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Washington Redskins's estate, headed by son John Kent Cooke, took over ownership of the Redskins and at his memorial service, John Kent Cooke announced that the new stadium in Landover, Maryland would be named Jack Kent Cooke Stadium.

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Washington Redskins's employment came with a promise of decreased intervention in football operations from Snyder.

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The Washington Redskins picked Sean Taylor from University of Miami during the draft in Gibbs' first season.

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In that game, the Washington Redskins broke the record for fewest offensive yards gained in a playoff victory, with one of their two touchdowns being from a defensive run after a fumble recovery.

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The Washington Redskins picked up future starters Rocky McIntosh, Anthony Montgomery, Reed Doughty, and Kedric Golston in the 2006 NFL Draft.

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The Washington Redskins managed to upset the Philadelphia Eagles in Week 16, but were eliminated from playoff contention.

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The troublesome After cutting the injury-rattled Clinton Portis, the Washington Redskins had no important offensive players left except for Santana Moss.

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In 2012, the Washington Redskins traded several high draft picks to the St Louis Rams in order to take Baylor quarterback Robert Griffin III second overall in the 2012 NFL Draft.

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The Washington Redskins fired Shanahan and most of his staff after the season.

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Team's former Washington Redskins branding, used from 1933 until 2020, was one of the leading examples of the Native American mascot controversy as the term redskin has been defined as offensive, disparaging, and taboo.

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In 2014 when the franchise was entangled in a legal trademark protection case, the Washington Post announced their editorials would no longer use the "Redskins" name, and subsequently other news outlets would informally call them by their geographically related area such as "the Washington pro football team" or avoid publishing their nickname, altogether.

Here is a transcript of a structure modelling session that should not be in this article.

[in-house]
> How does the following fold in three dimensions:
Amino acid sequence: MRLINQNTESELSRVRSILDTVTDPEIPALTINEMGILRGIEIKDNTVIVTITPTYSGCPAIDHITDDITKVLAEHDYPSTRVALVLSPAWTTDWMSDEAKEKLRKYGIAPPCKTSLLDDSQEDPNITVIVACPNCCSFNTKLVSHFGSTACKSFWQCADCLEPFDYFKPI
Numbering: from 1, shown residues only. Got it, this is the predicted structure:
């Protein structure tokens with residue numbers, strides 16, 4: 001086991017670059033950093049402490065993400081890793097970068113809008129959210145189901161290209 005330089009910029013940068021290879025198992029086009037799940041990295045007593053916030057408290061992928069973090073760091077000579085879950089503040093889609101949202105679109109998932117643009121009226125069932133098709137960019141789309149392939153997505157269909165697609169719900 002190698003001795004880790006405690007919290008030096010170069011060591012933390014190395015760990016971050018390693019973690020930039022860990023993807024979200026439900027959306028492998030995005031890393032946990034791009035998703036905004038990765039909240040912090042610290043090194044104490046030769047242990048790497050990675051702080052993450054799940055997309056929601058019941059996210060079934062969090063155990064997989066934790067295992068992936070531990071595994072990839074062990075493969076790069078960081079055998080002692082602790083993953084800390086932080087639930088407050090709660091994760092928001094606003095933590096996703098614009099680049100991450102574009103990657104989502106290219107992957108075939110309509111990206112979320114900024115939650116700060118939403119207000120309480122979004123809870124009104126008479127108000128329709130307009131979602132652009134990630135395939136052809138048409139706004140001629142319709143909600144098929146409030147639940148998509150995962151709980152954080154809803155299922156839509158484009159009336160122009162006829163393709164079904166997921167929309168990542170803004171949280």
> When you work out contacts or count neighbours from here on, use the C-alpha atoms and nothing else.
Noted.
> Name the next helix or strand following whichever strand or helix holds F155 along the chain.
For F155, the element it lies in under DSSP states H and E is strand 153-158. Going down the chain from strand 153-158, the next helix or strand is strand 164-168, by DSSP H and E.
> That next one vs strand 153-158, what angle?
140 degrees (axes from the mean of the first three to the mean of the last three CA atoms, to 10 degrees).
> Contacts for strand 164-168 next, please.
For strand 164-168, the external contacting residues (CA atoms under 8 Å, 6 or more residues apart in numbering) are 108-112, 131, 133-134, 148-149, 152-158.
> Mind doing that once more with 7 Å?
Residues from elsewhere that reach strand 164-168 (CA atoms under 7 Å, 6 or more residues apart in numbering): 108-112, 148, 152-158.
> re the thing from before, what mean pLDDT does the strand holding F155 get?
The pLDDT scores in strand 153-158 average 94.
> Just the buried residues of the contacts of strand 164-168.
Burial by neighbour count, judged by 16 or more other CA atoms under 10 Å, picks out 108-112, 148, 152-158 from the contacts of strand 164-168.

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From 1961 through 1978, Washington Redskins wore gold pants with both the burgundy and white jerseys, although details of the jerseys and pants changed a few times during this period.

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From 1981 through 2000, Washington Redskins wore their white jerseys over burgundy pants at home almost exclusively.

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The Washington Redskins won six straight games, including one in the playoffs against the Tampa Bay Buccaneers, wearing that combination.

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In celebration of the franchise's 75th anniversary, Washington Redskins wore a one-time throwback uniform for a home game against the New York Giants, based on their away uniform from 1970 to 1971.

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The Washington Redskins, starting in 2010, began to wear the burgundy jersey paired with the gold pants reminiscent of the George Allen era.

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Washington Redskins wore the same combination against the Giants on the road two weeks later.

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In 2011, the Washington Redskins wore the burgundy jersey and gold pants for five home games and a road game at Dallas, the burgundy jersey with white pants for three home games and a road game at Miami, the white jersey and burgundy pants for five road games, and the white jersey and gold pants for a Bills game in Toronto.

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That year, the Washington Redskins removed the burgundy collar from their white jerseys in order to have better consistency with the new Nike uniforms that had debuted the previous season.

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In 2017, Washington Redskins resurrected the all-burgundy ensemble as part of the NFL Color Rush.

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In 2018, Washington Redskins replaced the gold pants with white for the majority of their home games.

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Washington Redskins wanted revenge after the failed negotiations with Marshall.

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The exceptions include in 2004, when Republican incumbent George W Bush won re-election despite the Green Bay Packers beating the Redskins, in 2012, when Democratic incumbent Barack Obama won re-election despite the Redskins losing to the Carolina Panthers, in 2016, when Republican candidate Donald Trump won the election despite the Redskins defeating the Eagles, and in 2020, when Democratic candidate Joe Biden won despite Washington's win.